Memorable highlights include majestic pintails boldly tolling to our rig, and dozens of gadwall buzzing our blind, pushed by winds so strong that a slight cupping of their wings was all it took for them to flair out of range; and an odd couple—a black duck and drake mallard—sneaking from behind, both of which fell for our feint; and a gorgeous canvasback drake gliding in, framed by a winter sunset with its chestnut-red head set off by its glossy, black chest.
The piscatorial pulse of the Chesapeake runs deep through Tangier Sound and Cedar Marsh. For the skinny water angler, it’s about as close to perfection as you can get—clean water, rich habitats, abundant forage and, most importantly, plentiful gamefish.
Tossing a paddle-tailed lure along the grassy marsh point on the Sound side was where I caught my first bragging-size speckled trout. In deeper waters, kingfish, flounder, bluefish, and red and black drum are distinct possibilites. Evening fishing for croakers (hardheads) and other bottom fish ranks high for me here.
In the 1990s, it was primarily locals who prowled the submerged stump fields and grass flats in search of speckled trout, puppy drum, and rockfish. Today, the secret is out, and avid anglers trailer their boats to Crisfield or trek across the Bay to fish the area.
Don’t Hunt or Fish?
You don’t need to fish or hunt to enjoy Cedar Island, but it helps. Wildlife watching and photography can be superb with ample opportunities to observe oystercatchers and skimmers, plovers and pelicans. In colder months, this uninhabited island draws an abundance of waterfowl including redheads, scaup, and buffleheads. Barn owls use the nesting boxes placed in the marsh by Maryland Department of Natural Resources.
Porpoises and even sea turtles roam the open waters. Sightseeing by boat is always fun. Roaming the beaches (called proggin’ by locals) can reveal arrowheads and sea glass. Solitude is easy to find here.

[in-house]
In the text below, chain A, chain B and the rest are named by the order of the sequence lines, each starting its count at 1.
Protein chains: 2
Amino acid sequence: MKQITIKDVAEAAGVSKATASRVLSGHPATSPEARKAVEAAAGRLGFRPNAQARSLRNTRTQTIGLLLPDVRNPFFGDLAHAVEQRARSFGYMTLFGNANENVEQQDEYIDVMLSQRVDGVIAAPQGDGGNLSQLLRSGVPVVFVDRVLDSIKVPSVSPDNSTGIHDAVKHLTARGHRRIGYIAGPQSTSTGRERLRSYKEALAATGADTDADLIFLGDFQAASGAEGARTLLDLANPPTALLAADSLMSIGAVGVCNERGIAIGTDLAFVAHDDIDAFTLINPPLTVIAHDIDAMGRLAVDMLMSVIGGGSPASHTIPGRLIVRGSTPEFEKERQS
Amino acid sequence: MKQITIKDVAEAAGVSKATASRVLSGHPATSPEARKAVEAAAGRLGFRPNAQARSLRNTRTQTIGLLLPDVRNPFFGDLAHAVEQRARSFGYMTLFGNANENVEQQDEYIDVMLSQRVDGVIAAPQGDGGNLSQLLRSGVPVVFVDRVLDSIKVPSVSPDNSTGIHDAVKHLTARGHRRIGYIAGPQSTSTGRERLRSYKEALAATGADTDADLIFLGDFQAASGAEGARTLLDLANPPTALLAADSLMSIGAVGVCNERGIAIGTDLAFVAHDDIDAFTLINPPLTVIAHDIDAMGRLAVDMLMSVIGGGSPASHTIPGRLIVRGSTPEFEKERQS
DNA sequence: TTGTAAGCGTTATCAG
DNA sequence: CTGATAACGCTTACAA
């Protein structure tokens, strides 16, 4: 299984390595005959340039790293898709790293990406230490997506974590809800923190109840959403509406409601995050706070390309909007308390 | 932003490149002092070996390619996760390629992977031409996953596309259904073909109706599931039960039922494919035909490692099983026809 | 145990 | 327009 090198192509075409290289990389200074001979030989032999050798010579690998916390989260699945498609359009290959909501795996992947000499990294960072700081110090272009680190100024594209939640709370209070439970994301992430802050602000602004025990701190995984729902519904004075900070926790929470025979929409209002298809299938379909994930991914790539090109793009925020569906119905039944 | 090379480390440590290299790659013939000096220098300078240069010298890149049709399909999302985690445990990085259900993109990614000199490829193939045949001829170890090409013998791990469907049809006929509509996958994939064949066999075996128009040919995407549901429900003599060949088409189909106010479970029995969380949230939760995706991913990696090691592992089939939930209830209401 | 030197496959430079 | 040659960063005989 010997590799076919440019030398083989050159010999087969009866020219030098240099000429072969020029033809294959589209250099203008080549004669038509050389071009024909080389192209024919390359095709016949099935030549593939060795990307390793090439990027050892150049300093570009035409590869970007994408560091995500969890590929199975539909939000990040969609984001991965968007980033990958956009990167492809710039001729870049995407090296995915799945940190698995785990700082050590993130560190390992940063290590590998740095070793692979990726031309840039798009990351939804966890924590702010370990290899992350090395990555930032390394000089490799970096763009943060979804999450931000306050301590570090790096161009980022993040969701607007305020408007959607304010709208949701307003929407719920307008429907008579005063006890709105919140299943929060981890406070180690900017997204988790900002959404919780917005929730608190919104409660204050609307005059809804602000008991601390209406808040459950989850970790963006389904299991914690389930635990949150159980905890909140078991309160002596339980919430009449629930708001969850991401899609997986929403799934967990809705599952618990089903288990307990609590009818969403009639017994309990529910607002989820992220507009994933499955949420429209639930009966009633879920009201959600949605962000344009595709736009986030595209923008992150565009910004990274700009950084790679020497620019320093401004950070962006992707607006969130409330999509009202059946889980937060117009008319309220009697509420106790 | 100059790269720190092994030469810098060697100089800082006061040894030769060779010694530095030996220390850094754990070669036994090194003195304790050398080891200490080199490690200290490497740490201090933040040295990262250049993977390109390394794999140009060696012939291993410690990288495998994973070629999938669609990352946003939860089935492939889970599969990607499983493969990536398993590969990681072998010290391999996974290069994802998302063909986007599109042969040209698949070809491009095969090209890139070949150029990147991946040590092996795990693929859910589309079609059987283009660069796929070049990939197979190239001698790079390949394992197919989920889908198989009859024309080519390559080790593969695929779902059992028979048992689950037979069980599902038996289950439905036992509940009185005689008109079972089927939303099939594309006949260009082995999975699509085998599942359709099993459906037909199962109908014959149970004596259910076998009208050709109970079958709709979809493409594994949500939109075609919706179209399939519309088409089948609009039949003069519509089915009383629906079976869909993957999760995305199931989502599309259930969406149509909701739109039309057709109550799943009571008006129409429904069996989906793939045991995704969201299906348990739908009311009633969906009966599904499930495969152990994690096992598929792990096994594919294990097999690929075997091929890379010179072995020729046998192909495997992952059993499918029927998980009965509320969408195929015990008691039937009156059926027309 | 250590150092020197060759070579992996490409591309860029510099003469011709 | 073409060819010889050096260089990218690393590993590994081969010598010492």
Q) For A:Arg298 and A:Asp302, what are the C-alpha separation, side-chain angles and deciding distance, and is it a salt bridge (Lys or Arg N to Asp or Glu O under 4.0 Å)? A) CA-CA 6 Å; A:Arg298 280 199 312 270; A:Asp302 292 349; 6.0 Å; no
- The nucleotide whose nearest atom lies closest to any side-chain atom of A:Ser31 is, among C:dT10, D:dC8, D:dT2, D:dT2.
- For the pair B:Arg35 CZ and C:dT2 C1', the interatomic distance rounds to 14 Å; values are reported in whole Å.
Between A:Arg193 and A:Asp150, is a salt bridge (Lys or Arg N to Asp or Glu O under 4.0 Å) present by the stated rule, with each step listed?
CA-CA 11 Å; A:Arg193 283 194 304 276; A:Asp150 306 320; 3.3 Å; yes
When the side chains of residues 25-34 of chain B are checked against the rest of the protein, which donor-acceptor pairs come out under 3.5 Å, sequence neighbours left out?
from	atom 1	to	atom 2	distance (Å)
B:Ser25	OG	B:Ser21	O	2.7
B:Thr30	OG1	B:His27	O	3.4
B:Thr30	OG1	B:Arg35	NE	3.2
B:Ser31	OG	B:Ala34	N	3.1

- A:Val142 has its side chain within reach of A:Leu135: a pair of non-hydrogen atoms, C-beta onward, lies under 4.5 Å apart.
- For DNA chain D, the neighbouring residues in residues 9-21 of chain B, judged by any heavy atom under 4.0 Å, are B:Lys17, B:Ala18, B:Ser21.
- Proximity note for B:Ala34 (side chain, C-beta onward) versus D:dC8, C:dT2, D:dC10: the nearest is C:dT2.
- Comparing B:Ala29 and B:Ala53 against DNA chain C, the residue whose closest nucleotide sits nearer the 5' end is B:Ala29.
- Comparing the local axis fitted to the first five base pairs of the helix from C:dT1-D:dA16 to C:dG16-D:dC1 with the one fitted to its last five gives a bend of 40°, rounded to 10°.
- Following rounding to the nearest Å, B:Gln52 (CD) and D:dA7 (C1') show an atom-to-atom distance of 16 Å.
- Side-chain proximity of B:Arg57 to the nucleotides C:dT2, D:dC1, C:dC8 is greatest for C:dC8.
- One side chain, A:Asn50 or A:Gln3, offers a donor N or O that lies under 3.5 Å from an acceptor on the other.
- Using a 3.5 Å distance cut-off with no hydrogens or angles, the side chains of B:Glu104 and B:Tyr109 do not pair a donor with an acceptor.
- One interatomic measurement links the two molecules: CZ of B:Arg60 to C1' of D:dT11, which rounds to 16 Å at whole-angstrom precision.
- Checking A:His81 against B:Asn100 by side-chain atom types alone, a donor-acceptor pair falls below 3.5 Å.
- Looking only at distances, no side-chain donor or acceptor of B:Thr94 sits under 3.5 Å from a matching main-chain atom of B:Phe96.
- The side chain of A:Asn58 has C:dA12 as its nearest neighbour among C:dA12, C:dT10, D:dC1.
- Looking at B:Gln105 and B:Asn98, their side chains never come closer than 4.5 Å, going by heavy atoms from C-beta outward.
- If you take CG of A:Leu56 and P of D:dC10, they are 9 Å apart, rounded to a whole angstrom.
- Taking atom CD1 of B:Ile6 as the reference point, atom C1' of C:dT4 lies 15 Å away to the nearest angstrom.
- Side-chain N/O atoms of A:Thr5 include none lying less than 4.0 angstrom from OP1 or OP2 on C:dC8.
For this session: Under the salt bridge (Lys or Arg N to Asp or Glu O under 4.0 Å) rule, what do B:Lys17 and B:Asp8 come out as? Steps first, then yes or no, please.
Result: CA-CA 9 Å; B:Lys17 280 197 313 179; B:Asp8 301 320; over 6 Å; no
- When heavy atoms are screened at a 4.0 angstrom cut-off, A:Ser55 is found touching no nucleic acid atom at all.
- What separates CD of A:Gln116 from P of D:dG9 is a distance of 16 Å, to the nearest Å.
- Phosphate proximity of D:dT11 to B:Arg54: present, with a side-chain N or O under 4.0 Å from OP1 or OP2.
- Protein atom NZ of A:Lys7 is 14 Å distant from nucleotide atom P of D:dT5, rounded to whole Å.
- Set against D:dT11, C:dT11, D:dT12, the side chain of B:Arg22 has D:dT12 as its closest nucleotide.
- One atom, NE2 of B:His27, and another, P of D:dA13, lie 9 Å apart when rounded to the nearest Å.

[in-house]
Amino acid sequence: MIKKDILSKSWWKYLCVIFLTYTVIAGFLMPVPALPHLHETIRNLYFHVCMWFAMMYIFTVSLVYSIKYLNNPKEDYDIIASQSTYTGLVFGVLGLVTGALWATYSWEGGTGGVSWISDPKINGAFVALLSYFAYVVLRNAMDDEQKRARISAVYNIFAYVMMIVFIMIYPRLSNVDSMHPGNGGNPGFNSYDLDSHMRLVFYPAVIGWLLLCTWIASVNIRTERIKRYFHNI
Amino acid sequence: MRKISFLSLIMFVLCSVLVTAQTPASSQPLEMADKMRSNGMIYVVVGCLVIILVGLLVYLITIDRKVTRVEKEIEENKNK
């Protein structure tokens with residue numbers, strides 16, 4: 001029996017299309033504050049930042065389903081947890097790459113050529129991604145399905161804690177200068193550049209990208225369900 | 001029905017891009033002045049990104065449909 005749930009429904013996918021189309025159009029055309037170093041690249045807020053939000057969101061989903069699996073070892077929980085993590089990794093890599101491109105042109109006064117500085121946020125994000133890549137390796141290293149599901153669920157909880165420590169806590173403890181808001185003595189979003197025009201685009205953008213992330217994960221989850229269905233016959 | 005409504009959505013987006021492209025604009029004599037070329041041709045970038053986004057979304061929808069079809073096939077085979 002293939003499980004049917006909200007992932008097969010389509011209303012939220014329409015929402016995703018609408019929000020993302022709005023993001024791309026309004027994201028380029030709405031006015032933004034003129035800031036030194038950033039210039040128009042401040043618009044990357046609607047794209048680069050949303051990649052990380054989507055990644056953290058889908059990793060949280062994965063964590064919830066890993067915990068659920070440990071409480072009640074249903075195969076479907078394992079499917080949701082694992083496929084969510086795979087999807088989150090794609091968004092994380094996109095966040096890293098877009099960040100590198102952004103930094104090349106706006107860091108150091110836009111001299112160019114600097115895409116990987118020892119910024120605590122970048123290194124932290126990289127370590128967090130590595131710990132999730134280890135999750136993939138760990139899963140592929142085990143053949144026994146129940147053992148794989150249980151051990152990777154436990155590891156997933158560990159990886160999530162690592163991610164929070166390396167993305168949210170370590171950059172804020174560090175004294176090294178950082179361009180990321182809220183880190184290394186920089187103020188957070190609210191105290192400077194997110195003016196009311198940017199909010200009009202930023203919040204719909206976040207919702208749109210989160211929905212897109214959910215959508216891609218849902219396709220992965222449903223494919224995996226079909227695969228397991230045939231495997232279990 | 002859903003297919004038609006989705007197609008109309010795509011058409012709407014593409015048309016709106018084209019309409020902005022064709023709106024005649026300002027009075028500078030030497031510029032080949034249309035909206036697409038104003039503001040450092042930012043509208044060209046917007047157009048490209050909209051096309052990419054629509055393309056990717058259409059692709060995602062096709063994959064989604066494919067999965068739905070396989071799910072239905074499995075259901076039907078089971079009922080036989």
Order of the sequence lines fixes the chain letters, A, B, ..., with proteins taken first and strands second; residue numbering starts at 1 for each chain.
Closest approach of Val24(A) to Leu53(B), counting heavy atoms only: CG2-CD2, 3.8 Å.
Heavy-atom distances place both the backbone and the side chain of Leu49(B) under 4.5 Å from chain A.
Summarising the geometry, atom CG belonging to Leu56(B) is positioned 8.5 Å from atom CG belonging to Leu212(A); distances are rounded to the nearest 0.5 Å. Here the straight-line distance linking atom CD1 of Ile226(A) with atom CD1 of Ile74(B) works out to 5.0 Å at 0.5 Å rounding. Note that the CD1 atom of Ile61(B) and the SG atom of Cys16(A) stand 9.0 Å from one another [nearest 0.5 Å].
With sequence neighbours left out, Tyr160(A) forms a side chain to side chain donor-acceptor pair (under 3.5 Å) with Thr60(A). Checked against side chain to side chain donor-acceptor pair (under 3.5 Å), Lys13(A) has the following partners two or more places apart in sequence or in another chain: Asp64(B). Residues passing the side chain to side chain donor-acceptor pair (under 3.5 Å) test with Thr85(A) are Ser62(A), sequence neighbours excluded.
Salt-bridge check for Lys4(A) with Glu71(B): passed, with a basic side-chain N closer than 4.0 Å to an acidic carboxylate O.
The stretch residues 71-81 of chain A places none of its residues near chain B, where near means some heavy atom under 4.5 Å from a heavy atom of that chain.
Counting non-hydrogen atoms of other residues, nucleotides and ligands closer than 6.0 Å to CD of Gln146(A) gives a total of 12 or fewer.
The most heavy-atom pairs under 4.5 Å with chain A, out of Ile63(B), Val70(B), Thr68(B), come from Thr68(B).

The run from the Little Annemessex River in Crisfield to Cedar Marsh is relatively easy. Great Point on the north end is about two miles from Somers Cove. To get to the south end via Broad Creek, it’s at least twice as long, but still only perhaps a half-hour or less for most fishermen running center consoles. Launching from Jenkins Creek is also an option.
Public ramps on Virginia’s Eastern Shore include Town Landing in Onancock or the landing on Chesconessex Creek. Watts and Tangier islands are doable from Cedar Marsh, making this trifecta of shorelines a reliable bet for light tackle and fly fishermen.
You can access Cedar Island WMA seven days a week throughout the year. During waterfowl hunting seasons, however, it can draw a crowd. In my experience, early fall through early summer are the best times for most folks to visit, not only because the weather is fair, but it’s your best bet to avoid the legendary biting greenhead flies, mosquitoes, and ticks.
The area is designated a Maryland State Wildland due to its pristine status. Therefore, camping is not allowed.
Cedar Island WMA and its Bay islands are magical and wild places. I am fortunate to have enjoyed basking in their charms.